Making the Grade
Of the many young children who come to Texas Baptist Children’s Home, few have known success in the classroom.
Lackadaisical attitudes, sporadic attendance, the absence of parental involvement, and undiagnosed learning
disabilities have left them grade levels behind and often unmotivated to succeed.
TBCH begins turning that around the day a child arrives, providing structure where none previously existed. Not every child becomes a success story but many do, thanks to support from staff and donors who make this ministry possible.
The fact that so many go on to attend college is a tribute to the ability of children from unstable backgrounds to grow into dedicated students and successful adults.
“We’re not just a place for kids to come live,” said Keith Dyer, Executive Director of TBCH. “We want to be a place where they tap into that part of themselves that is special, where they can find the inspiration, discipline and spiritual grounding to achieve their goals.”
Currently a number of former TBCH residents are attending colleges from Texas to New York and Boston. Each of them is following in the footsteps of those who can serve as role models because of what they were able to overcome on the path to higher education and success in life. Four alums shared their stories, representative of hundreds of other TBCH students through the years.
Jerry Tidwell was a freshman in high school when he and his sister came to TBCH in the early 1990s because of tensions at home. Intending to be a lawyer, he was accepted at Baylor, but didn’t feel like he fit in and dropped out.
Jerry transferred to Texas Tech, but, still floundering, he flunked out and moved back home with his dad. Continuing tension in the family motivated him to save money to return to college. After four years, he was back at Tech.
With the help of scholarship assistance available to former TBCH residents, he was able to finish college and attend law school. Today Jerry practices law in Plano, a career he said was made possible by TBCH.
“They believed in me and supported me when I didn’t and couldn’t,” he says. “I didn’t realize all the lessons I was learning when I was at TBCH. At the time, I would grumble about the chores and the rules. But, it taught me that you have to work hard to get what you want in life. I feel like a lot of people’s prodigal child.”
By the time he was 6 years old, Greg McAuley had already had three stepmothers. By the age of 14, he had a serious streak of rebellion. In 1980, Greg arrived at the TBCH campus, bitter and brimming with attitude. He didn’t take kindly to authority figures, but he found comfort in academics.
“Schoolwork was my safe place,” Greg remembers. “And the staff at TBCH helped me maintain that. They encouraged me to focus on my studies, knowing that none of my emotional issues would derail me from that.”
TBCH staff helped him find scholarship money and prepare college applications. He went on to earn a degree in mechanical engineering from Texas A&M, a professional engineering license and an MBA from the University of Phoenix.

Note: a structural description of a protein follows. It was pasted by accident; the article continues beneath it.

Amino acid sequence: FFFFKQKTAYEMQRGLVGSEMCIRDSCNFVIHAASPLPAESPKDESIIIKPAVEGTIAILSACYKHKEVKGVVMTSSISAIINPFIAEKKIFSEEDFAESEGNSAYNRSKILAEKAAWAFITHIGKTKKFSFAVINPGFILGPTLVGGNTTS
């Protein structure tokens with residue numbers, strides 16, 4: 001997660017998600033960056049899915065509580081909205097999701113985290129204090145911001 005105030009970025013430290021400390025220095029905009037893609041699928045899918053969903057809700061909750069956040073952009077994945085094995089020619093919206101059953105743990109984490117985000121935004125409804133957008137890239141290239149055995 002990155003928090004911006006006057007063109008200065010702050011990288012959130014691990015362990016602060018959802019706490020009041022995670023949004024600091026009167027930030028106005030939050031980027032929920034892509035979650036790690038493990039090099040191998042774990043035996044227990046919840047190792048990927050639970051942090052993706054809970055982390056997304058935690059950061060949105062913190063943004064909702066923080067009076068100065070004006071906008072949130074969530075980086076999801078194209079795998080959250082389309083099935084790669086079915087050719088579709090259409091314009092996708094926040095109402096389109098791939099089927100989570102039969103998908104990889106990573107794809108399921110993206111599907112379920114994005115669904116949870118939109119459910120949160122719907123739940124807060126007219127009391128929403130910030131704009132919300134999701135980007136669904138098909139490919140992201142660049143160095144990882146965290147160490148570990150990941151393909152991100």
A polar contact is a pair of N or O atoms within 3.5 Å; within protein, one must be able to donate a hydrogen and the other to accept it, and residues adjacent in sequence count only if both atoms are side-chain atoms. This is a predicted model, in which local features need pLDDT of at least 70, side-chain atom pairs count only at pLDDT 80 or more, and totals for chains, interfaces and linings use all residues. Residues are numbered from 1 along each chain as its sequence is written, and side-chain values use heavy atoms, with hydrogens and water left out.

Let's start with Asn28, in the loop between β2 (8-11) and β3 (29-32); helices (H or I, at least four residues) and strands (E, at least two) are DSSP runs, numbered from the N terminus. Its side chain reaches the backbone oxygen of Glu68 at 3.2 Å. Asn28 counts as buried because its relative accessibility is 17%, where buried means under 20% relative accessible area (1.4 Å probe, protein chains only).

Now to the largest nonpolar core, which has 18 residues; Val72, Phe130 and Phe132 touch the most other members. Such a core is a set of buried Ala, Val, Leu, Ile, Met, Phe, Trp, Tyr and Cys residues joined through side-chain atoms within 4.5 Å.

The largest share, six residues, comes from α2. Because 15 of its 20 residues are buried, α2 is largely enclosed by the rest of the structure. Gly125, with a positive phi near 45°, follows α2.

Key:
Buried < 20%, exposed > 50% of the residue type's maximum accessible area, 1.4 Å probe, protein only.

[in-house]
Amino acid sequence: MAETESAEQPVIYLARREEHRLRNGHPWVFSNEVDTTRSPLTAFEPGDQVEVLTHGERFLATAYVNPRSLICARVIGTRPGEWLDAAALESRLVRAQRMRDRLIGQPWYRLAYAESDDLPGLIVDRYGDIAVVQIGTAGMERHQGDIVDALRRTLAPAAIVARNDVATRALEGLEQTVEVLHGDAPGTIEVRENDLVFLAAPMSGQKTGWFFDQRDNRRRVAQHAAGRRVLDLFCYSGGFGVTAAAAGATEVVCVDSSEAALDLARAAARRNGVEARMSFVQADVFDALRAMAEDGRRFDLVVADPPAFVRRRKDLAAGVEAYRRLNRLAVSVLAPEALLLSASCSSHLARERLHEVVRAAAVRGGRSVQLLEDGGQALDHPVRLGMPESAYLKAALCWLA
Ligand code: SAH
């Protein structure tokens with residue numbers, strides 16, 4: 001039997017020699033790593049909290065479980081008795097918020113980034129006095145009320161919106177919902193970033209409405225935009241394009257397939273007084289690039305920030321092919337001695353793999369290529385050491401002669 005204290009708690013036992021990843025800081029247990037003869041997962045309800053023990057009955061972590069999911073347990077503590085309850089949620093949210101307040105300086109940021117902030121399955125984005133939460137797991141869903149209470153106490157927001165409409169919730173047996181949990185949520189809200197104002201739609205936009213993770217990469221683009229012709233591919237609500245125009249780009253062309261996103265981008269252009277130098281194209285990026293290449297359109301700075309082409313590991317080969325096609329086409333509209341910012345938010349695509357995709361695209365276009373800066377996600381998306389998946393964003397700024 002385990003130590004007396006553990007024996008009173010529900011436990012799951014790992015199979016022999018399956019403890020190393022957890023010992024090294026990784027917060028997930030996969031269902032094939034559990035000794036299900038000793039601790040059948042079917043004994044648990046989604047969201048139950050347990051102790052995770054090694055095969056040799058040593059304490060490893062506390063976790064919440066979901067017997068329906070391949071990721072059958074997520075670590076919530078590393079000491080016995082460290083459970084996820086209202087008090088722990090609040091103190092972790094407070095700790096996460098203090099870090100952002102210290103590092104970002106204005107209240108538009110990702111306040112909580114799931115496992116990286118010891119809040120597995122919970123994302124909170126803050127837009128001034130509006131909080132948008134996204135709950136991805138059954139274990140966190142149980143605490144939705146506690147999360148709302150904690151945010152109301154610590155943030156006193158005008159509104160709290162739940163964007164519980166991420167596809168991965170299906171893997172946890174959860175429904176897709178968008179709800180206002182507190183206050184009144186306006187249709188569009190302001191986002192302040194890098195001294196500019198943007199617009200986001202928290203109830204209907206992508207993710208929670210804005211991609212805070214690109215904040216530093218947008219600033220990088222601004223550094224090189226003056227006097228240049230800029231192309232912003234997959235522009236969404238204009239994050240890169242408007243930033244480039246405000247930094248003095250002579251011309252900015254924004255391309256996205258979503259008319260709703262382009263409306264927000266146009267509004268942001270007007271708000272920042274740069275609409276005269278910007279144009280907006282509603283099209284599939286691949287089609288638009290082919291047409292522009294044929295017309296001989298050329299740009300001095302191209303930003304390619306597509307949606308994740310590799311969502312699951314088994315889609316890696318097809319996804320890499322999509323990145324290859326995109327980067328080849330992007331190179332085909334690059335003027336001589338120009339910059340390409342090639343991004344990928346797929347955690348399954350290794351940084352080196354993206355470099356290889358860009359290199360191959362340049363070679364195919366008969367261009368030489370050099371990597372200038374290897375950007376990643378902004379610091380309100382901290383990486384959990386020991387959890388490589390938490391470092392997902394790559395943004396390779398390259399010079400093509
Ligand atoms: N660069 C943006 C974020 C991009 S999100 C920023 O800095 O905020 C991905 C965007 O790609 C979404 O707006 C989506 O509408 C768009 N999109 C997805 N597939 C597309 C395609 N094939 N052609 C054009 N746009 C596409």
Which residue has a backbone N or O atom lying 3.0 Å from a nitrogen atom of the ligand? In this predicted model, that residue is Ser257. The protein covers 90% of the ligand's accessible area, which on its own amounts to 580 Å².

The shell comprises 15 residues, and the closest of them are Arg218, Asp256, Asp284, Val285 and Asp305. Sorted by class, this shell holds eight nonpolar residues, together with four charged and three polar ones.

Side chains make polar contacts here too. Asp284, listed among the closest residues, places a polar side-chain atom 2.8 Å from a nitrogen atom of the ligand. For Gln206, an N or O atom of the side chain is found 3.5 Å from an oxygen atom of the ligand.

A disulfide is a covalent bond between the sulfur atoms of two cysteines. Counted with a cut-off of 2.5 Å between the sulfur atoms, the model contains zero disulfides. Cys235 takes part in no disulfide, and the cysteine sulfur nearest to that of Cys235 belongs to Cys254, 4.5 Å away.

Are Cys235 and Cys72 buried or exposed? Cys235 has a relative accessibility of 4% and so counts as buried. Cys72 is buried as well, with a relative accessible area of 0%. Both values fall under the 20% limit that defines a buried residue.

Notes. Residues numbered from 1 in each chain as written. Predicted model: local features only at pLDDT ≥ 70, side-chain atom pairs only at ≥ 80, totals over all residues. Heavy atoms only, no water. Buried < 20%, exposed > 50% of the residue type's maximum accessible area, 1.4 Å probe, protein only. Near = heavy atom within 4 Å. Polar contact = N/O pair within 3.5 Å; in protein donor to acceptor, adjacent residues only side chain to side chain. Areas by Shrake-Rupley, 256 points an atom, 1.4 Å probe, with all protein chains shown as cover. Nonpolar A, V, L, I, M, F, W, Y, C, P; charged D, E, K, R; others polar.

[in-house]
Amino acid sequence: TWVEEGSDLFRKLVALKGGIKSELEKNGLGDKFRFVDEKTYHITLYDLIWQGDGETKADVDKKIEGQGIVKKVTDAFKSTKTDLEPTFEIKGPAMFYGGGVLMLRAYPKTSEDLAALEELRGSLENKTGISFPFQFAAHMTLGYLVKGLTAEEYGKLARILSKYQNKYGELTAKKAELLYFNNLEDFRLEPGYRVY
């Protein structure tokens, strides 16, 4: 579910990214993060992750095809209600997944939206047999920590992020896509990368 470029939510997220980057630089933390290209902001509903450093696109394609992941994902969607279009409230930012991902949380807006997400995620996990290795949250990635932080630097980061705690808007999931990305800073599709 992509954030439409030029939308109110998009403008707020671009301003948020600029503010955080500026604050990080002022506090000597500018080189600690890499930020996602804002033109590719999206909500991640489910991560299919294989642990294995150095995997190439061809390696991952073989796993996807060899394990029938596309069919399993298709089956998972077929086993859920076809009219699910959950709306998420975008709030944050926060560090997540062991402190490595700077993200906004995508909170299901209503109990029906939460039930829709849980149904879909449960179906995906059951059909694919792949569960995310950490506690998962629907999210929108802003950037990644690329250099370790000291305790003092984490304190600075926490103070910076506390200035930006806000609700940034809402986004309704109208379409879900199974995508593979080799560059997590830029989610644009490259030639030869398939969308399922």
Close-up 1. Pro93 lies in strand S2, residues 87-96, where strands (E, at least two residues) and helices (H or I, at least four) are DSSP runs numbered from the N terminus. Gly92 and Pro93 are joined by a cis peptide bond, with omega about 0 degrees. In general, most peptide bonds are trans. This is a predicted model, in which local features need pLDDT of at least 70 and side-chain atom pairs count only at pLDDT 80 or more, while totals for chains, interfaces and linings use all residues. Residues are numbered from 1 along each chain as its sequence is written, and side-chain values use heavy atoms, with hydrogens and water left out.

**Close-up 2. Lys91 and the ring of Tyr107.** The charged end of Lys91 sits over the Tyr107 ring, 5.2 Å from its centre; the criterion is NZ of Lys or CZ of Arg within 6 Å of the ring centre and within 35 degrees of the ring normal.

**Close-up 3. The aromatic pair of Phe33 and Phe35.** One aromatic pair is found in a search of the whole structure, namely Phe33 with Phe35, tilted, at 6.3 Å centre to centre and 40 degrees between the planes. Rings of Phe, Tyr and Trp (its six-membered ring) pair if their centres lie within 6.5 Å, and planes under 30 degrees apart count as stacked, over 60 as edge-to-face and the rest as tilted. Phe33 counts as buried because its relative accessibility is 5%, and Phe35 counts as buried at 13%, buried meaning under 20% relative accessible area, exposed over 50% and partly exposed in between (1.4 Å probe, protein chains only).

“They just continued to encourage me to focus on the good things instead of the bad,” he said of the TBCH staff. “Even though I crossed the line over and over again, they never gave up on me. I never quit because they were there to motivate and encourage me.”
Shirley Zirkle and her sister had been in the foster care system for four years when they finally found a safe haven at TBCH in the 1960s. Although always a high achiever in school, Shirley finally at age 10 was able to focus on excelling thanks to her newfound security.
“TBCH was stable. That was something I hadn’t had before,” she said. “I was finally secure. It gave me a place where I could be comfortable and happy.”
At Round Rock High School, Shirley was a cheerleader, on student council and held offices in student organizations. That success continued throughout her college career at Hardin Simmons University and later at the University of Texas. She went on to become a computer analyst working for the government.
For those readying for college and life, Shirley has one bit of advice:
“Our senior quote was, ‘From knowledge, understanding; from understanding, peace,’” she remembered. “I think that says a lot about education, but it also says a lot about God. The more you know Him, the more peace you have.”
When Jason Holmes came to TBCH 14 years ago, it was supposed to be a temporary stop while STARRY’s Foster Care Program decided his future. Instead, his new home became a place of comfort and direction, and led to his adoption by a new forever family.
“Being at TBCH allowed me to explore my academic potential,” he said. “The environment was ideal for a troubled youth.”
That environment led Jason to achieve a BBA in Computer Information from Texas State University. He’s currently a Consumer Experience Analyst in Houston, where he manages 35 to 40 percent of his employer’s revenue.
Jason attributes the majority of his success to the core values he gleaned from TBCH.
“I learned the concept of family, dedication and discipline,” he said. “I’ll forever be thankful for that because I will pass these ideas on to my kids so they, too, can be successful in whatever they do.”